The bodies of The North Face mountain climbers who went missing last week were found on Sunday at Canada’s Banff National Park.
American Jess Roskelley and Austrians David Lama and Hansjörg Auer were presumed dead after they were caught in an avalanche on Wednesday in an attempt to climb Howse Peak in Alberta. The elite alpinists — three of the best in the world — served as members of the Alameda, Calif.-based outdoor retailer’s Global Athlete Team.
On his website and an Instagram post, Lama’s parents paid tribute to their son.
“David dedicated his life to the mountains, and his passion for climbing and alpinism shaped and accompanied our family. He always followed his own path and lived his dream. We will accept what now happened as a part of that,” wrote Claudia and Rinzi Lama. “We ask you to remember David for his zest for life, his enthusiasm and with a view towards his beloved mountains.”
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David lebte für die Berge und seine Leidenschaft für das Klettern und Bergsteigen hat uns als Familie geprägt und begleitet. Er folgte stets seinem Weg und lebte seinen Traum. Das nun Geschehene werden wir als Teil davon akzeptieren.⠀ ⠀ Wir bedanken uns für die zahlreichen positiven Worte und Gedanken von nah und fern, und bitten um Verständnis, dass es keine weitere Stellungnahme von uns geben wird. Vielmehr bitten wir David mit seiner Lebensfreude, seiner Tatkräftigkeit und mit Blick Richtung seiner geliebten Berge in Erinnerung zu behalten. ⠀ ⠀ Die Familien von Hansjörg und Jess schließen wir in unsere Gedanken ein⠀ ⠀ Claudia & Rinzi Lama⠀ ____________________________________⠀ ⠀ David dedicated his life to the mountains and his passion for climbing and alpinism shaped and accompanied our family. He always followed his own path and lived his dream. We will accept what now happened as a part of that.⠀ ⠀ We appreciate the numerous positive words and thoughts from near and far. Please understand that there will be no further comments from our side. We ask you to remember David for his zest for life, his enthusiasm and with a view towards his beloved mountains. ⠀ ⠀ Our thoughts are with Hansjörg’s and Jess‘ family⠀ ⠀ Claudia & Rinzi Lama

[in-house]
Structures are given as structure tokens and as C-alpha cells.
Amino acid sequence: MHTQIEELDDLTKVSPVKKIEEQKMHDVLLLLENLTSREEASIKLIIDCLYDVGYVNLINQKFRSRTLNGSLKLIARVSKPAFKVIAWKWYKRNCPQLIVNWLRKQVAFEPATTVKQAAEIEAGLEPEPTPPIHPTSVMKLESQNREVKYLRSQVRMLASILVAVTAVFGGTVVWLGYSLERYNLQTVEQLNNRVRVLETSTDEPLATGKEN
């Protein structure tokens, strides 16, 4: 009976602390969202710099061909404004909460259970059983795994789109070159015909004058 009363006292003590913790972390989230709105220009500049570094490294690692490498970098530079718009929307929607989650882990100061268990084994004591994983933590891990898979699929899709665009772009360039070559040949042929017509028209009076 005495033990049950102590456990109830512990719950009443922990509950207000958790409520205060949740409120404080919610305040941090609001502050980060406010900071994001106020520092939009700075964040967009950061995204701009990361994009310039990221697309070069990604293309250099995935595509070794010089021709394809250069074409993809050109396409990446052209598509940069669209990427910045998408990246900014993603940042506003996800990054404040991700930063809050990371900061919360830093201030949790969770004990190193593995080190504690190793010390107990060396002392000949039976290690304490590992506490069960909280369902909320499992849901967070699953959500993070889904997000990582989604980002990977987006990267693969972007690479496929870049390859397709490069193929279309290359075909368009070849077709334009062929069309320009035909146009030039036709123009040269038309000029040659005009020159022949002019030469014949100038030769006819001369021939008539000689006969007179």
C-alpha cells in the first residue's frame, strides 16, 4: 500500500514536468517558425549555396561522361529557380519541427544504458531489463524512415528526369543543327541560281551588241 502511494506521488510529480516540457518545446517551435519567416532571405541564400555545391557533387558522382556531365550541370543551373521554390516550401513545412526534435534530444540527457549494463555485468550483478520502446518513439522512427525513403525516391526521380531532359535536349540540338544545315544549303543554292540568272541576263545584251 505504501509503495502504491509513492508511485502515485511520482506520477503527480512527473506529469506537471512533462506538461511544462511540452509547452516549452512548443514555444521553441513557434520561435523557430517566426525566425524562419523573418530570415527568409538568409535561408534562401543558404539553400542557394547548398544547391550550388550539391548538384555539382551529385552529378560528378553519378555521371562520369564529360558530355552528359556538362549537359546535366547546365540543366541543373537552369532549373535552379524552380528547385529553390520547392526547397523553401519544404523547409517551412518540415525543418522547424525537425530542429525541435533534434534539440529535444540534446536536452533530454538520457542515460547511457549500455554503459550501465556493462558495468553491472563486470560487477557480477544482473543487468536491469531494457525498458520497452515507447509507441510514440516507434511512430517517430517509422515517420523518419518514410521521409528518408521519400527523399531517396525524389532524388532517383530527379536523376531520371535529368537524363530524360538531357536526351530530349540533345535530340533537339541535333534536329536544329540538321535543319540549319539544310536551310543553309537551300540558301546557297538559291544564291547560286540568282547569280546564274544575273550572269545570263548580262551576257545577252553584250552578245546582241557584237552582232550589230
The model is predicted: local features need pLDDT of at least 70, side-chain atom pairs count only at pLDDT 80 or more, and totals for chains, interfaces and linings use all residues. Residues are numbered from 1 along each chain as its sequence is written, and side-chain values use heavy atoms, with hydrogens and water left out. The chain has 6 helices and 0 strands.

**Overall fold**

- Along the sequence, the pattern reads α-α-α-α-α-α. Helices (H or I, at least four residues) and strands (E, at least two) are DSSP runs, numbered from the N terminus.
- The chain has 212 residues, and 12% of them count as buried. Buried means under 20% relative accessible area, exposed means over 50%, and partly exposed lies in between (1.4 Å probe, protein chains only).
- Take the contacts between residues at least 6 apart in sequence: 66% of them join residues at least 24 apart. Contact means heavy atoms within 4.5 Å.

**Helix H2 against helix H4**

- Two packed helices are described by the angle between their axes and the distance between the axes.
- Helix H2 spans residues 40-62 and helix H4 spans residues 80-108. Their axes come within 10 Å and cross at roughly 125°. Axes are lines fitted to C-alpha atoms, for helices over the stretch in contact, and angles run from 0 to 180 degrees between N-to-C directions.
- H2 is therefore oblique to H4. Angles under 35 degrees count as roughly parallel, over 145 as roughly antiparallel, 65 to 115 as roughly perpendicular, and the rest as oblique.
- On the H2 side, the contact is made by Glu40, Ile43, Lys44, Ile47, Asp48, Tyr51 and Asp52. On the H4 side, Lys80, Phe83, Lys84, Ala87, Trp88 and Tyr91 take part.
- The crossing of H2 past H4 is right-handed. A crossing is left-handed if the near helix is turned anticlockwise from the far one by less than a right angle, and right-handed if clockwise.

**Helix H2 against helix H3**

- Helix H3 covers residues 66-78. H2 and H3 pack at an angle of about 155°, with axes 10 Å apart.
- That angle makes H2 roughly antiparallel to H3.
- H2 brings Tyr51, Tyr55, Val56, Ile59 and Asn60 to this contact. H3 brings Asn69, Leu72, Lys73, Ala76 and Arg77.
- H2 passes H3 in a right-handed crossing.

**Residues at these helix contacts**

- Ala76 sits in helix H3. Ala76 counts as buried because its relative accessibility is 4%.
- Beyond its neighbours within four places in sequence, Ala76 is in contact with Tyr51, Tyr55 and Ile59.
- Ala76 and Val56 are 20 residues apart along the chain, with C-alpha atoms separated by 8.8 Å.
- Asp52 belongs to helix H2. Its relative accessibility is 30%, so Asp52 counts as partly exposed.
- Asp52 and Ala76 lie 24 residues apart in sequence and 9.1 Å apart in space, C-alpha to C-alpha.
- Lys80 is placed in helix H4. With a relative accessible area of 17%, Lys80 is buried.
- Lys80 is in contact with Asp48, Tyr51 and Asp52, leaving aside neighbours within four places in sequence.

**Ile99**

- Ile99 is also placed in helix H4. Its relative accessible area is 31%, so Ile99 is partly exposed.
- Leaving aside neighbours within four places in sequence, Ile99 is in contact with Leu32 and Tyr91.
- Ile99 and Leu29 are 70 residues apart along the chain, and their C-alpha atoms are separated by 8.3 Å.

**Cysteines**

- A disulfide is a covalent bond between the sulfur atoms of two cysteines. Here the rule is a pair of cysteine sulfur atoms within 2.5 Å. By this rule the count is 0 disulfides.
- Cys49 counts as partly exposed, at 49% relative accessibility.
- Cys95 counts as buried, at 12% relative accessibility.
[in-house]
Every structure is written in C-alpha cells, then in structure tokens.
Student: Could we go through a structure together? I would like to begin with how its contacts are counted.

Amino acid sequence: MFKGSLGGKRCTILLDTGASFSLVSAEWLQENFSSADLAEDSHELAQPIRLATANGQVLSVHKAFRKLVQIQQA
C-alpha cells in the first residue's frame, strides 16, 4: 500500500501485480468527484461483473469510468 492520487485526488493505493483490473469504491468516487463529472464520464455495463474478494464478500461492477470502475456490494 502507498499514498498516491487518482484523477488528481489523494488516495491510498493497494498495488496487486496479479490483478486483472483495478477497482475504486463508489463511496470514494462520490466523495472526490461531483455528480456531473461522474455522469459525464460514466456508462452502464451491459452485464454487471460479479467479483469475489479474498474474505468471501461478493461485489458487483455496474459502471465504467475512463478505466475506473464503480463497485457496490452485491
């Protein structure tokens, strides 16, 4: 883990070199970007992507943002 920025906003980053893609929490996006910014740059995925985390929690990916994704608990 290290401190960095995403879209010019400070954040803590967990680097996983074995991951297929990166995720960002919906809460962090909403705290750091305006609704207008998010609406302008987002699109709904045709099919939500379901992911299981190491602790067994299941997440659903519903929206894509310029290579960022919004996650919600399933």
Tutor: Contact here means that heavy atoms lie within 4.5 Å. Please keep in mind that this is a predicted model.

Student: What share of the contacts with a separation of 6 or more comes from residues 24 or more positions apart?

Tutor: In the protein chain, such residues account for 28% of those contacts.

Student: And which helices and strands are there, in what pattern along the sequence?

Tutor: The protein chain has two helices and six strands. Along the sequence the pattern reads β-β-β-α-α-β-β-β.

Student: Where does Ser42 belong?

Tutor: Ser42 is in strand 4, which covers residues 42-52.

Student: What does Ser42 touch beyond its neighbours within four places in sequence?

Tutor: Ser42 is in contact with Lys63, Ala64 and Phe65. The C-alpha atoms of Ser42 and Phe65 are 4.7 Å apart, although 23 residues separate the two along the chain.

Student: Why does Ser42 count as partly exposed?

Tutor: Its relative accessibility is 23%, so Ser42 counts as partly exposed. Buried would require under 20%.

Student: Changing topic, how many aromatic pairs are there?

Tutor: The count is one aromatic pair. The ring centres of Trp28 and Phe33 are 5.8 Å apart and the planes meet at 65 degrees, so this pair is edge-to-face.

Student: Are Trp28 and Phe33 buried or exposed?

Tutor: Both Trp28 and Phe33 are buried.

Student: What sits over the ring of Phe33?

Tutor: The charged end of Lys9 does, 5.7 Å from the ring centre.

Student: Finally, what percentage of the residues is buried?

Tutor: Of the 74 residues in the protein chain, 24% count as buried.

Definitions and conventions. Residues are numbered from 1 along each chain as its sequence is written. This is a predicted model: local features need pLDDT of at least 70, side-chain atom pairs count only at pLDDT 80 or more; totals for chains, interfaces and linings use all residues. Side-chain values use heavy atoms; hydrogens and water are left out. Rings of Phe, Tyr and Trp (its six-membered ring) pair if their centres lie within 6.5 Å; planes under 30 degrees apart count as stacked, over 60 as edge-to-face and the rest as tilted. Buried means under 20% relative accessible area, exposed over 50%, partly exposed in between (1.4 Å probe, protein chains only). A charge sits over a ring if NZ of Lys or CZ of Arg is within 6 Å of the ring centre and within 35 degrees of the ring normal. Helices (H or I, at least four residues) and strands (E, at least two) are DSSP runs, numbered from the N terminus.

Roskelley’s family also celebrated his enthusiasm for the sport, sharing a quote previously spoken by the late climber.
“Mountains help me navigate what is most important to me,” his words read. “They balance the chaos that is regular life. Balance is what I strive to accomplish in climbing — a balance of life, love and mountains. Alpine climbing is a lifelong commitment. I live and breathe it.”
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“Mountains help me navigate what is most important to me. They balance the chaos that is regular life. Balance is what I strive to accomplish in climbing – a balance of life, love and mountains. Alpine climbing is a life-long commitment. I live and breathe it.” – Jess Roskelley • The response we’ve received from the climbing community and the myriad of family, friends, acquaintances and The North Face team has been unbelievable. Our deepest condolences go out to the families of David Lama and Hansjörg Auer. Jess looked up to the two of them and was so excited to climb with them. • “By endurance, we conquer.” • Love Alli, John, Joyce, Jordan and Dawn Roskelley